My neighbors have three rosebushes growing beside their garage. Earlier this summer, the bushes had dozens of dark purple faded and wrinkly blossoms. They were pretty. They added something to the bushes.
But then, the house sold and the new owners pruned the bushes.
Only two roses remained, but they were beautiful and pink, with perfectly-shaped petals. The purple ones lay in bunches at the foot of the rosebushes.
Writing is like that. Sometimes, we simply need to trim back some of the words and phrases that are cliché or repetitive. But many times, we think we have something beautiful, when all we really have is faded and dying dark purple roses. We settle for that when we could have vibrant pink, perfect flowers. We need to go back through and take out the scenes that don’t work, the dialogue that isn’t finished. The parts of our story that seem pretty but don’t add anything to the story. We need to rework backstory so that we’re not info-dumping.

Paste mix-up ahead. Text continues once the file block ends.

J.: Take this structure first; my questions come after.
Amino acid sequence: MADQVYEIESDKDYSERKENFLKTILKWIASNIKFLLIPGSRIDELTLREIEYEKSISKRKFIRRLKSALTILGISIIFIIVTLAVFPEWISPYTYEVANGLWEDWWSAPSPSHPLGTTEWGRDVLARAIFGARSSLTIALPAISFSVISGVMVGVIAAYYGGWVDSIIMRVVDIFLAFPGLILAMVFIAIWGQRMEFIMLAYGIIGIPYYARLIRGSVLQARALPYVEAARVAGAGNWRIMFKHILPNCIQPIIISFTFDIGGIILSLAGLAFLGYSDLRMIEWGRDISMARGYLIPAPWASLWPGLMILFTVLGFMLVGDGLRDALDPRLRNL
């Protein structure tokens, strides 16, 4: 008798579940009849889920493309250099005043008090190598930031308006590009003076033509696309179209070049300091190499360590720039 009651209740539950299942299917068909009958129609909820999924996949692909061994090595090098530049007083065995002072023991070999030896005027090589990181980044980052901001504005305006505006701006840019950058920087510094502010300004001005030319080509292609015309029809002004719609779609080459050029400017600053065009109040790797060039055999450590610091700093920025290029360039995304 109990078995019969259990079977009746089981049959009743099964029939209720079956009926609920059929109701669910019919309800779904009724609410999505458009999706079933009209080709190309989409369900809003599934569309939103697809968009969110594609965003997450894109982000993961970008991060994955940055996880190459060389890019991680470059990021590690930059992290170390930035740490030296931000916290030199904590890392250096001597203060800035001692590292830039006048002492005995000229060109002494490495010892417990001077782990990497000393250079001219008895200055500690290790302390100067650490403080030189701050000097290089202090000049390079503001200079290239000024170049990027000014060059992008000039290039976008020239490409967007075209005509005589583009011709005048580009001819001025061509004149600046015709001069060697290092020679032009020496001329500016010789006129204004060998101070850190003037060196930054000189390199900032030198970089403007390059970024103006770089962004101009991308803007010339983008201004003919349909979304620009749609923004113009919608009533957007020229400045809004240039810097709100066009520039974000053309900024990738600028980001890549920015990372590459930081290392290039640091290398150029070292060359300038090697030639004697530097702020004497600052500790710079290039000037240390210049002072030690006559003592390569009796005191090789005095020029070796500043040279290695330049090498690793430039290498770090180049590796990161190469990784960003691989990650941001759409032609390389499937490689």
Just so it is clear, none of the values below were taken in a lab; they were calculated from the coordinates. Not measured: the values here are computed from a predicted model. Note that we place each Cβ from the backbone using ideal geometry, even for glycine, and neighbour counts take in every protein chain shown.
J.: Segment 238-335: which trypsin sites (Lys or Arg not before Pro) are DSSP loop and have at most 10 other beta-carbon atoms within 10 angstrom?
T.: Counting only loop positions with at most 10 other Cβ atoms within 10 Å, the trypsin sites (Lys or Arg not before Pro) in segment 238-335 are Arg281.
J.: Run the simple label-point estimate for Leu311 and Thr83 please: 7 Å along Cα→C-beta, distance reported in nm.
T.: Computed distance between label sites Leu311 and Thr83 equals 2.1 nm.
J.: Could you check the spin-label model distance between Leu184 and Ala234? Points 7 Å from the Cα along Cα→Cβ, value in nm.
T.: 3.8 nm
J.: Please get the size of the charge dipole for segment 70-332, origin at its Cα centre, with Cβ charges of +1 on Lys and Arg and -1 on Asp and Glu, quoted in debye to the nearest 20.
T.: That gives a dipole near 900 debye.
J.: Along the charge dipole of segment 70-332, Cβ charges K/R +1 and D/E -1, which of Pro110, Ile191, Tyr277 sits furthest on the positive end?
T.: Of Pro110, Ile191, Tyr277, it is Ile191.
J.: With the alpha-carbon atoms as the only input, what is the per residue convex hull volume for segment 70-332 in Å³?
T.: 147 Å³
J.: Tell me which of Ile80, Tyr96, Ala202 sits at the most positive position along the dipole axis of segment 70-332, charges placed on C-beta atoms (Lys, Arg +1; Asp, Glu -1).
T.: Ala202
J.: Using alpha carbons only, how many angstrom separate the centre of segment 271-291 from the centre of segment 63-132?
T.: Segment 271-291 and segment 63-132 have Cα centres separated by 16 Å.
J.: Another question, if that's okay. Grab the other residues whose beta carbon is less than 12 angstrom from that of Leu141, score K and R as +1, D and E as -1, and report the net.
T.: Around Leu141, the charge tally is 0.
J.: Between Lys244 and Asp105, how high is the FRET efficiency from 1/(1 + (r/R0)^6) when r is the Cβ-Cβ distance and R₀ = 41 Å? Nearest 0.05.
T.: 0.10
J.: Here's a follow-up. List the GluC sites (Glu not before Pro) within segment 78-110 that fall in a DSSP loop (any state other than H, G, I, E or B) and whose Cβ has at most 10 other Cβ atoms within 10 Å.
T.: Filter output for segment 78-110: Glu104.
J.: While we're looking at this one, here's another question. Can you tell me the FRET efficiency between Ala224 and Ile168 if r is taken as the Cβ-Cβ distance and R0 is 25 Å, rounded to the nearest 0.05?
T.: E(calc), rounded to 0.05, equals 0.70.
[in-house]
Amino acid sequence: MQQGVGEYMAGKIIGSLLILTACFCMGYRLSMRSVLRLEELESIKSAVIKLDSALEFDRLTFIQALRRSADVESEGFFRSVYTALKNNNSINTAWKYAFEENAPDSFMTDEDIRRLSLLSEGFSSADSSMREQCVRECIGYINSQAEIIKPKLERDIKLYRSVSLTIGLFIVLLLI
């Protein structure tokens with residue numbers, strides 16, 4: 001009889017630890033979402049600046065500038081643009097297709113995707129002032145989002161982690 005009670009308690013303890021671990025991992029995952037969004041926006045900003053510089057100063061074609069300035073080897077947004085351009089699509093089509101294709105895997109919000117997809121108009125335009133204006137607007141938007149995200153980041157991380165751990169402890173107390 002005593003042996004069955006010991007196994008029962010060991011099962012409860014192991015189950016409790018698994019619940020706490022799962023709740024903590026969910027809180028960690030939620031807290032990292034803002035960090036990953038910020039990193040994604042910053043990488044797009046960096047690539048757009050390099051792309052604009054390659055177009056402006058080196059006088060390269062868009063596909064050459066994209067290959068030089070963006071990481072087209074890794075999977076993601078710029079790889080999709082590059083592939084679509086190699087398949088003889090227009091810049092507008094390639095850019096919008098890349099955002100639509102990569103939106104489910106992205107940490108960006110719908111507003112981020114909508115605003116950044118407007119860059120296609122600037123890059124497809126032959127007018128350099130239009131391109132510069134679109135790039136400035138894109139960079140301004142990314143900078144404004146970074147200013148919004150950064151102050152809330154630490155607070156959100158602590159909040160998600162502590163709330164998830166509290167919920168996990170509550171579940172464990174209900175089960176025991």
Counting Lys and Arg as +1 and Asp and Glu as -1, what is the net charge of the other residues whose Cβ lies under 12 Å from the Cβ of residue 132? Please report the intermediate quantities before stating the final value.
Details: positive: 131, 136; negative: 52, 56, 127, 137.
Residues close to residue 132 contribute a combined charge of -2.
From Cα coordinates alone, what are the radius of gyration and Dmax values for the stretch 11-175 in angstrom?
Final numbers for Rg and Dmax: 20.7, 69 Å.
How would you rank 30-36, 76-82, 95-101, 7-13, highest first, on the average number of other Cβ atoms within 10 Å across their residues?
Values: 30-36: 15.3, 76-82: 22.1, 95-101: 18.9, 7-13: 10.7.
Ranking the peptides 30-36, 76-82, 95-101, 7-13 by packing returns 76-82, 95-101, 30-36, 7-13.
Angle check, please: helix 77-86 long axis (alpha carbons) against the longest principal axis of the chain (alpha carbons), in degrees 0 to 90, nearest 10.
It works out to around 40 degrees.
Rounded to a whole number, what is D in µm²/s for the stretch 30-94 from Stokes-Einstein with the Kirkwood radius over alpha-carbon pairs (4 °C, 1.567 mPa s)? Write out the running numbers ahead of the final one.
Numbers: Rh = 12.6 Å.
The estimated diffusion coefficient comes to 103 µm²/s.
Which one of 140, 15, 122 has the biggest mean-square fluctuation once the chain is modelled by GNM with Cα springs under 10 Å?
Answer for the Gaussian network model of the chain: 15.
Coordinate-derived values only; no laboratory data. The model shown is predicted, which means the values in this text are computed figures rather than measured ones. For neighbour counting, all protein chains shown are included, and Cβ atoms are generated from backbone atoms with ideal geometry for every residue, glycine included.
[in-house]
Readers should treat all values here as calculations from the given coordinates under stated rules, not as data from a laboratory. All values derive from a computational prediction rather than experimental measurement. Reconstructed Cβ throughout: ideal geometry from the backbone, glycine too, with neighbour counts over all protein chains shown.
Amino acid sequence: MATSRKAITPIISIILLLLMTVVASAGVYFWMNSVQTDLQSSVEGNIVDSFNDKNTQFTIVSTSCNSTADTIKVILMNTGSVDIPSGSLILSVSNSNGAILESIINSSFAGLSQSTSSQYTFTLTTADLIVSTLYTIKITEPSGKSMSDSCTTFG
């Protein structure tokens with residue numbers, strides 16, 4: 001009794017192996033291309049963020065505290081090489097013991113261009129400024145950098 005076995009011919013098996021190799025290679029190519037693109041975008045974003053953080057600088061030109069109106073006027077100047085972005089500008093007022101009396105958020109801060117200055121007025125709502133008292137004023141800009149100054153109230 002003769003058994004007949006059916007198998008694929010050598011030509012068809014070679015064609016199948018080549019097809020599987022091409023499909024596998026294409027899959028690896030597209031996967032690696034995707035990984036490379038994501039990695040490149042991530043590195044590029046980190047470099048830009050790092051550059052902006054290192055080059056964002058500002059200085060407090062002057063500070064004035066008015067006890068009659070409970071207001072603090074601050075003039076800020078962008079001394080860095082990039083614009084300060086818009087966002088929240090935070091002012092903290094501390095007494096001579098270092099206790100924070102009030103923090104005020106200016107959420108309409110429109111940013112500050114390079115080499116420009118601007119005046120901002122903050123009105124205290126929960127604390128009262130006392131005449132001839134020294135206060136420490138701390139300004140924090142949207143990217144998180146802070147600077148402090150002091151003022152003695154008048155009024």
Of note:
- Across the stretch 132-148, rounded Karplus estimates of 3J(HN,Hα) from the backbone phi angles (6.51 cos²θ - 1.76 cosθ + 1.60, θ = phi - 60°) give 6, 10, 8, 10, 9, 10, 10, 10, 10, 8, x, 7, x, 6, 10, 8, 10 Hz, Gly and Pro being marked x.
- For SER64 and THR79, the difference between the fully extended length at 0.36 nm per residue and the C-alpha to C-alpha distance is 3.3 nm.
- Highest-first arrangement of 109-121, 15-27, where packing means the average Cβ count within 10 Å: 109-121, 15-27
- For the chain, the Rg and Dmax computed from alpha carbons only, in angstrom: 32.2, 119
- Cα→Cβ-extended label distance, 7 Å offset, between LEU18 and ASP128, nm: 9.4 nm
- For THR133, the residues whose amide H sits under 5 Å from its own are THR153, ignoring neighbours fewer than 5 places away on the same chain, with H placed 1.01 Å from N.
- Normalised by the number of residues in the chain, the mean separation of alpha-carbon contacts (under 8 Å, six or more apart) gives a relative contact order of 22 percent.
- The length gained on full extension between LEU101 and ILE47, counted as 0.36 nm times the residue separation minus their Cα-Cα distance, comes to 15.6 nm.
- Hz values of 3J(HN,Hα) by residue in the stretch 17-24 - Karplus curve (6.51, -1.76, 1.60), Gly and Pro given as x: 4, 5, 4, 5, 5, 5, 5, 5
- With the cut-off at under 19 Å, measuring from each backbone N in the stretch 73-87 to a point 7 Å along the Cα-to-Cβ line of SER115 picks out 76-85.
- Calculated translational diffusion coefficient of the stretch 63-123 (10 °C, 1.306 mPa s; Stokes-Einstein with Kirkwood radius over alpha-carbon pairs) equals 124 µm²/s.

Even after we’ve gone through it, there are our blind spots. The one purple flower that was less dead than the others that we simply couldn’t bear to part with because we felt our book wouldn’t be whole without it.
How do you prune your work? Do you have a critique partner who can point out bits in your novel that don’t seem to be playing a role? Do you think of your WIP as something that’s constantly evolving? Or do you write “The End” on your first or second draft and think you’re done?
What are some of the roses you like to hang onto? For me, it’s really pretty descriptions.